Two others are entirely in DeKalb County, a racially diverse area that ranks as the second-most affluent county with a majority of African-American residents in the country. According to Dunham-Jones, one of these tracts is in Decatur, a county seat that is connected to Atlanta by the MARTA heavy rail system, which has methodically revived its downtown into a lively gathering place and is known for its good schools and leafy neighborhoods. Catherine Ross, who directs Georgia Tech's Center for Quality Growth and Regional Development, adds that:
DeKalb County has focused on scale and walkability and integrated public transit and sustainability into its fabric. It has good schools and has attracted young professionals and families for these reasons. Its focus on quality of life as exemplified by the city of Decatur has won national citations for its complete streets policy. Its historical preservation, small retail enclaves and lively street life are all hallmarks.
Another tract is in Sandy Springs in northern Fulton County. Ross notes that "Professional, scientific, and management jobs are significant industry sectors in Sandy Springs." In 2000, residents working in this sector accounted for more than twice the percentage they do in the State of Georgia or United States as a whole. And family incomes in Sandy Springs average more than $150,000. A mix of upscale residential neighborhoods and sprawling malls and ≠office buildings, Sandy Springs officially incorporated in 2005. It too is connected to Atlanta by MARTA. While it never had a proper downtown, Dunham-Jones point out that it is "retrofitting a former Target store site to anchor a proposed new city center."
The service class entails workers in low wage, low-skill occupations in the food service industry, retail sales, clerical and administrative positions and the like — some of the fastest growing job categories in the nation. The service class comprises 43.8 percent of Atlanta's workers, slightly less than the national average of 46.6 percent. Troublingly, they average $28,973 in wages and salaries, less than the national average of $30,597, and just 42 percent of the region's creative class workers. There are 165 tracts (17.8 percent) where more than half the residents are service class.
|Top 10 Service Class Locations in the Atlanta Metro|
|Neighborhood (Census Tract #)||Service Class Share|
|West End, Atlanta (38)||78.3%|
|West End, Atlanta (23)||76.9%|
|West End, Atlanta (41)||68.9%|
|Adamsville/Cascade Heights, Atlanta (78.07)||68.6%|
|College Park (402.03)||68.5%|
|Adamsville/Cascade Heights, Atlanta (78.08)||67.5%|
|Vine City, Atlanta (118)||67.2%|
|College Park (106.04)||66.8%|
|Lakewood Heights, Atlanta (55.02)||66.1%|
|Union City (105.12)||65.2%|
*Includes Census Tracts with more than 500 people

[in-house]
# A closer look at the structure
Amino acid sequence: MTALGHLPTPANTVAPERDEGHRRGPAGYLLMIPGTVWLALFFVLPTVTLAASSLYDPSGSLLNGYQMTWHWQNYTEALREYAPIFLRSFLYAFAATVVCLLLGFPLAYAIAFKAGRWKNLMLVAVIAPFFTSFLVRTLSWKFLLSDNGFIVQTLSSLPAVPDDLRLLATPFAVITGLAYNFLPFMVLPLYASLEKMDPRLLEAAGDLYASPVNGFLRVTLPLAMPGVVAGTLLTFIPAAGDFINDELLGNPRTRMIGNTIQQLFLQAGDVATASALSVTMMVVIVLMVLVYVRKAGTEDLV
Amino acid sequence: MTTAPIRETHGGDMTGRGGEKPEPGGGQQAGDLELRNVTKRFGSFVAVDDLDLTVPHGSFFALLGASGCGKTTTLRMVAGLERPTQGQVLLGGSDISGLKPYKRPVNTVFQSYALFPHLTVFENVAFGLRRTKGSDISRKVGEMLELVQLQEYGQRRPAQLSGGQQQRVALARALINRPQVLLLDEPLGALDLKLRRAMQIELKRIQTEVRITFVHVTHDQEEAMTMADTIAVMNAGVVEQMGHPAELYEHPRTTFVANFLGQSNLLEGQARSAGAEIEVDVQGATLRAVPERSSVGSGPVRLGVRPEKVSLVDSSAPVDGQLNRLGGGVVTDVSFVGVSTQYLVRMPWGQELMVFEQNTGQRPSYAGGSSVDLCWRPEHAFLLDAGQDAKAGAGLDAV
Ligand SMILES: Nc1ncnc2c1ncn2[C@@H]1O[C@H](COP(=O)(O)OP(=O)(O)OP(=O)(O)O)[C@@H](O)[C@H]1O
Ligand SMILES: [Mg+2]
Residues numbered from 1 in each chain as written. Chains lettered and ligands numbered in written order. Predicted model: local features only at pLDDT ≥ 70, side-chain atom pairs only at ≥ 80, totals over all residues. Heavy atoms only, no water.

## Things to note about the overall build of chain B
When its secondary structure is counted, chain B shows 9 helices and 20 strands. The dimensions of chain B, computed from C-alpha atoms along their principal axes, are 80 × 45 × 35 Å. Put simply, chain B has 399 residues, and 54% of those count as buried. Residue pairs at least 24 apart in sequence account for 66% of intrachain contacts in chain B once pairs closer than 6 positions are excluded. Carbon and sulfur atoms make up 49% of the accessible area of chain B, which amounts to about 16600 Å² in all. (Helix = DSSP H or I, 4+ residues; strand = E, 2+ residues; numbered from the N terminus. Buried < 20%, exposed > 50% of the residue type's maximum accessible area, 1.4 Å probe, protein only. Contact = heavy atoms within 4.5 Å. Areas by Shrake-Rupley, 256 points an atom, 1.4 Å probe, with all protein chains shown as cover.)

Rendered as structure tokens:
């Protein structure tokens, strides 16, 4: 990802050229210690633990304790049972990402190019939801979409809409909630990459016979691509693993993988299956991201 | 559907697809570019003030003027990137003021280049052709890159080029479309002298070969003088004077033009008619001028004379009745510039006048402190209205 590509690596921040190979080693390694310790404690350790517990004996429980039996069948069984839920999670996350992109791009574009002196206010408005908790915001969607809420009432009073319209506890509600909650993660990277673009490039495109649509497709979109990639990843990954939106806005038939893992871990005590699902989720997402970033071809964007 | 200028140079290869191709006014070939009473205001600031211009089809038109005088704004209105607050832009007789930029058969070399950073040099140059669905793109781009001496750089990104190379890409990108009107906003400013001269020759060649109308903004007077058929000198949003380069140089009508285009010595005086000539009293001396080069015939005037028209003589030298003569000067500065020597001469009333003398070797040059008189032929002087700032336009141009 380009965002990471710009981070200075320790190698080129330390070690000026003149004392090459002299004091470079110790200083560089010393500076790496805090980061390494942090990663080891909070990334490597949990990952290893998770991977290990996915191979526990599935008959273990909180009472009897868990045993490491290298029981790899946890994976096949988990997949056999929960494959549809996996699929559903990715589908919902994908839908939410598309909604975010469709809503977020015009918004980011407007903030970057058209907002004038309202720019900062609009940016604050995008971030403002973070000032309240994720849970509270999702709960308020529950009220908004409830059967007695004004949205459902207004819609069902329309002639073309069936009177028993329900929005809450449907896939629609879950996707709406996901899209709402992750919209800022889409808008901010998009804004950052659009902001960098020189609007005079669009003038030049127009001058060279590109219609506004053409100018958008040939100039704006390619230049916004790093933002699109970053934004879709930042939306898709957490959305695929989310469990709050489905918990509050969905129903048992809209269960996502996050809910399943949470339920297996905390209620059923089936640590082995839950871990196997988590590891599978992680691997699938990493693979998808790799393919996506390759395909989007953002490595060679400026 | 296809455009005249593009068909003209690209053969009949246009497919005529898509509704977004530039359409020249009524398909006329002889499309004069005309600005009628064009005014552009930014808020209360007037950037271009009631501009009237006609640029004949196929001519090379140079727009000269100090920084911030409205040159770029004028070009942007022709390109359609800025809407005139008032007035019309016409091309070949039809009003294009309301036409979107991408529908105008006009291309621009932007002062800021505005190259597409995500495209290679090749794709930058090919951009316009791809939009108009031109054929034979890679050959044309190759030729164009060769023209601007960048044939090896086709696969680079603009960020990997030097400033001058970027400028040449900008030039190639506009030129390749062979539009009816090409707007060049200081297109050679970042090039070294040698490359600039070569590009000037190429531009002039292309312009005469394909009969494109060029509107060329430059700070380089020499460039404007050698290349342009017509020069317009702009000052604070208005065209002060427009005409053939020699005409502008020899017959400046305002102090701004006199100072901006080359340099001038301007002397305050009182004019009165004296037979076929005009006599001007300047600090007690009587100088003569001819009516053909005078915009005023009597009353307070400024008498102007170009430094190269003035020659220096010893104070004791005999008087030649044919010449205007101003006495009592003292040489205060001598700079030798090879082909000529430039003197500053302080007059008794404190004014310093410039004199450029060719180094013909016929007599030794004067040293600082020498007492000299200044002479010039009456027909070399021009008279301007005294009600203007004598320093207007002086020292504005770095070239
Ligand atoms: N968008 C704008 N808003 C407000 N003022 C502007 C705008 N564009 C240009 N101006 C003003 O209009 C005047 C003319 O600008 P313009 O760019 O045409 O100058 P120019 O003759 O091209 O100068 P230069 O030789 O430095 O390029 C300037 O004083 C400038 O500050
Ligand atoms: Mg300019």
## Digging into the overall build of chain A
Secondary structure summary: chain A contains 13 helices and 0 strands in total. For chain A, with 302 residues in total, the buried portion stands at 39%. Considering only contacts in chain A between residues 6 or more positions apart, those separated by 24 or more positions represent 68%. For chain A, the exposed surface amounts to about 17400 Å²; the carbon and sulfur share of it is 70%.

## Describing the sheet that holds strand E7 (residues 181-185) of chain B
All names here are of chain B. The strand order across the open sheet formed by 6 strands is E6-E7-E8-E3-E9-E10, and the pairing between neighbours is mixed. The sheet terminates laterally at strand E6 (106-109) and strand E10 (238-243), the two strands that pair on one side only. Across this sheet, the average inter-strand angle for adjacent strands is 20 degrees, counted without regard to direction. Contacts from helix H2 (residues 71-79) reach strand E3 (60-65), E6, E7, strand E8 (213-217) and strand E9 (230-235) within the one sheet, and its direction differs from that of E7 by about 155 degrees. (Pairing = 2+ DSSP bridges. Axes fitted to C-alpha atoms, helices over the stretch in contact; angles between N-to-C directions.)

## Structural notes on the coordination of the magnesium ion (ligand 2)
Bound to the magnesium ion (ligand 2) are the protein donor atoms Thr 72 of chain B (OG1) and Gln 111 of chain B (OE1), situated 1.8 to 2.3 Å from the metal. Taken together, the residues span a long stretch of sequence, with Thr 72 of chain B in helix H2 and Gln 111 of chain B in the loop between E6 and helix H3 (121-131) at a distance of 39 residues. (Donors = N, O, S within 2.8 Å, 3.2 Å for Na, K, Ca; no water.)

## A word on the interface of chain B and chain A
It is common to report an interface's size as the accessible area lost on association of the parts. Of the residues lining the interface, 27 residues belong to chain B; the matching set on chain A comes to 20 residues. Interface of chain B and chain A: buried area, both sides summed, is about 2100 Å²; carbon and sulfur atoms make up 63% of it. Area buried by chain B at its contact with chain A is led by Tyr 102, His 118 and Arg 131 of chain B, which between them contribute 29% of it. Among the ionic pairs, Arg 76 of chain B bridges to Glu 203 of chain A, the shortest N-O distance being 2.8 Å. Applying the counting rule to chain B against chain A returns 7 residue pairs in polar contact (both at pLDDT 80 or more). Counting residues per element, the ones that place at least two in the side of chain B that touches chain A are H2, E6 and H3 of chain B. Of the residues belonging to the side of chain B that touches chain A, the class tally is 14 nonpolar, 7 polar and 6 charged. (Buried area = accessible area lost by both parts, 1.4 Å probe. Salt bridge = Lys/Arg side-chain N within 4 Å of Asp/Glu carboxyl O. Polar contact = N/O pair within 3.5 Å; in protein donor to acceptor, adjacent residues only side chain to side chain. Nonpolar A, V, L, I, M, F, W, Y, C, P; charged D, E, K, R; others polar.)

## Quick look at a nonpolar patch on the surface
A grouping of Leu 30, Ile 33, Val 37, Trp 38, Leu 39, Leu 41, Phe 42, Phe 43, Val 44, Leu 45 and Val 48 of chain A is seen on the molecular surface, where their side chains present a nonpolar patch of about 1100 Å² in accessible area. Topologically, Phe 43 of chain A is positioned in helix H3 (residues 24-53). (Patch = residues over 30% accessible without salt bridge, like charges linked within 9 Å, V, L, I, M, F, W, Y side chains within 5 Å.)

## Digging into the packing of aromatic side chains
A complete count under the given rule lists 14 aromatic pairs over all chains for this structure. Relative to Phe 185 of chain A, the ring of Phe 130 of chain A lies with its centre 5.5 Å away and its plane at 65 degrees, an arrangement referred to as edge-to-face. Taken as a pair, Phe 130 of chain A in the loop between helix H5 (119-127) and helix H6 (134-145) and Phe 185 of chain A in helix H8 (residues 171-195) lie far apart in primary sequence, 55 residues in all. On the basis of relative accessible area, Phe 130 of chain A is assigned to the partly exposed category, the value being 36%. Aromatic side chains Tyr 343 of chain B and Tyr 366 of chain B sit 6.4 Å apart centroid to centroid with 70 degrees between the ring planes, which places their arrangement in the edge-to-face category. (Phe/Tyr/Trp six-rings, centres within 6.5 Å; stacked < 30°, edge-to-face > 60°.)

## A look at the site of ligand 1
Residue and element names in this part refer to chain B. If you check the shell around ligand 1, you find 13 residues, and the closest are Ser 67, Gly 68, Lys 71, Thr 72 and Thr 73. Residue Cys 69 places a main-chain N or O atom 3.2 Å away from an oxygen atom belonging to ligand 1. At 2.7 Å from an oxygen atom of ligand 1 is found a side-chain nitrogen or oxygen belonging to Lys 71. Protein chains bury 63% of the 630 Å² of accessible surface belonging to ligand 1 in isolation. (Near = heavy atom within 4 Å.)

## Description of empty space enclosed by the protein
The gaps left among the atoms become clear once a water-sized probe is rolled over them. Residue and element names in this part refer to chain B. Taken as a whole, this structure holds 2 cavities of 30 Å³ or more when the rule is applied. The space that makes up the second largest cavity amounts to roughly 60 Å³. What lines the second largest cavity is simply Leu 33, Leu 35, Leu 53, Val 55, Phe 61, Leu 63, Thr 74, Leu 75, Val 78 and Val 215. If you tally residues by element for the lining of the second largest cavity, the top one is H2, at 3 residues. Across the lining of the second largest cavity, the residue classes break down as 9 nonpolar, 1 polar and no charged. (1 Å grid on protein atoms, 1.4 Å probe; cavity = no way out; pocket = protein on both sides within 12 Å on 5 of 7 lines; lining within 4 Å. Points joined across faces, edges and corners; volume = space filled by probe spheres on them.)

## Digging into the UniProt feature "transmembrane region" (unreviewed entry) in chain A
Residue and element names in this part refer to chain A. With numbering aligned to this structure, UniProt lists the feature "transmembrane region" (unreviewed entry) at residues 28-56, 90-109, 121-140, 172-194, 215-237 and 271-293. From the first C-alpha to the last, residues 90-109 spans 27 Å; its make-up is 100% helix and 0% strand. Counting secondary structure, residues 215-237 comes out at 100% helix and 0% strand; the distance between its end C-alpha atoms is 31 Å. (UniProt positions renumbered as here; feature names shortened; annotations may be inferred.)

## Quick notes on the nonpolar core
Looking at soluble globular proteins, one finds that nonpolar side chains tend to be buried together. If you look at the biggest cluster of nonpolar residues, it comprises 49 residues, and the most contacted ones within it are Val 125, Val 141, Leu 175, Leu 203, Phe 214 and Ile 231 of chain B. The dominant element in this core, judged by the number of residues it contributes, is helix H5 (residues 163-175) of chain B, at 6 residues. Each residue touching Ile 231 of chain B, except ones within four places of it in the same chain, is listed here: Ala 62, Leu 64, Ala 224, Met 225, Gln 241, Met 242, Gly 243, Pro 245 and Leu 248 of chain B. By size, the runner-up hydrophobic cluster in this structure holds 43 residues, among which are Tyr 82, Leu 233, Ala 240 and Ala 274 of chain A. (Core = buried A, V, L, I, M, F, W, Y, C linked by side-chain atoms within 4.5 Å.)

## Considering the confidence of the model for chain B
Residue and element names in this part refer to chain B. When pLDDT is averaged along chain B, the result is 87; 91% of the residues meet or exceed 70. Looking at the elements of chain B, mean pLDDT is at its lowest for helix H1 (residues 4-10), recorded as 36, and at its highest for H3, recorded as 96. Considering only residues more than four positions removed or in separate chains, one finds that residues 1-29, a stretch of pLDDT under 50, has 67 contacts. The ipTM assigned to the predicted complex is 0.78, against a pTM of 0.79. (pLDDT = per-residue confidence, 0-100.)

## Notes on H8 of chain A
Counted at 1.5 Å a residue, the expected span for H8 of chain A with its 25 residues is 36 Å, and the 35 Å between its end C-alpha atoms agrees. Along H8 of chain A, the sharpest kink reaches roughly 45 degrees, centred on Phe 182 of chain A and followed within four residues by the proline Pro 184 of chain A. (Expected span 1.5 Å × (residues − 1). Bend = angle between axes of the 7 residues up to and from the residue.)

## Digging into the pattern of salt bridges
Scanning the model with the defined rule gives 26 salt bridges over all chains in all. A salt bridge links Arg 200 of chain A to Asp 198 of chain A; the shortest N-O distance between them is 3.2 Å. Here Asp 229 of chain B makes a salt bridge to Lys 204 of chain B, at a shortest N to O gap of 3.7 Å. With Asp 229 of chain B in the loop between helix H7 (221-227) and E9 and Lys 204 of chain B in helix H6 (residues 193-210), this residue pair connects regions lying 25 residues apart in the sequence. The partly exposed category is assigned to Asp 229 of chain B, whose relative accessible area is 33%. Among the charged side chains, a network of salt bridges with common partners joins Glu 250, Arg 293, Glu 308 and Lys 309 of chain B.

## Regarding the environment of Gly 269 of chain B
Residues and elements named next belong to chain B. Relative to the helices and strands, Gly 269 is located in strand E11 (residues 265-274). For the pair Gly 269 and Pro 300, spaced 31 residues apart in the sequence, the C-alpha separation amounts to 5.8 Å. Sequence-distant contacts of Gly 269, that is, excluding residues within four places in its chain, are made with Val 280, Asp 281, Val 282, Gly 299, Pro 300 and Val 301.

As the table above shows, seven of the top 10 leading service class locations are located within Atlanta's city limits. Two are in College Park and one is in Union City, in the southeast perimeter of the metro; these are 70 to 80 percent African American. Some of these tracts are filled with new construction that was sold with sub-prime loans that have subsequently defaulted. Atlanta was singled out in the national news for its high percentage of minority homebuyers who were targeted for subprime loans – which seems to have been especially prevalent South of Route 20.
|Top 10 Working Class Locations in the Atlanta Metro|
|Neighborhood (Census Tract #)||Working Class Share|
|DeKalb County (214.09)||60.3%|
|Rockdale County (602.01)||54.4%|
|Forest Park (403.02)||52.2%|
|Gwinnett County (504.18)||51.2%|
|Forest Park (403.07)||50.3%|
|Gwinnett County (503.06)||48.9%|
*Includes Census Tracts with more than 500 people
The working class includes workers who work in factory jobs as well as those in transportation and construction. It comprises 19.8 percent of the region's workers (slightly lower than the national average of 20.5 percent), who average $35,961 in wages and salaries, just 49 percent of what the metro's creative class workers make. The working class, which makes up more than half of all residents, is less than one percent of the metro's tracts. Conversely, the working class makes up less than 10 percent of residents in nearly one in four tracts, and less than a 5 percent share in eight percent of tracts.
None of the top 10 working class districts are located in Atlanta proper. Two are in Forest Park, roughly nine or 10 miles south of the city, a largely minority (African-American and Hispanic) town where some 30 percent of the population lives below the poverty line. Another is in Chamblee, which was home to a GM plant. According to Dunham-Jones, before the economic crisis struck, "very high numbers of immigrant day laborers lived there working construction jobs." She adds that, "several other places on this list are also home to many new immigrants – almost all of whom settle in Atlanta's suburbs, not the city proper."
Manufacturing has been being pushed out towards the metro's periphery for some time, according to Dunham-Jones:
Down near the airport, Atlanta lost a major Ford manufacturing plant in 2006. It is being redeveloped as 'Aerotropolis,' with Porsche as the first tenant. In 2008 or so, a major GM plant closed where Route 85 meets Route 285 – and it is now the subject of many mixed-use redevelopment plans. About the same time, Kia broke ground on a major plant in LaGrange/West Point, southwest of Griffin. It opened in 2010 and is likely to be drawing workers from those blue areas.
Atlanta's class divide is pronounced. Similar to greater Washington, D.C., the line of demarcation between the classes in the city cuts across a sharply defined east-west axis. The metro area looks more like a cell, with the creative class nucleus centered in the city proper, the service class surrounding it, and the working class pushed way out to the periphery.
I will continue to track this new geography of class segregation in the coming weeks. Next week: Miami.
Prior posts in this series:
All maps by MPI's Zara Matheson.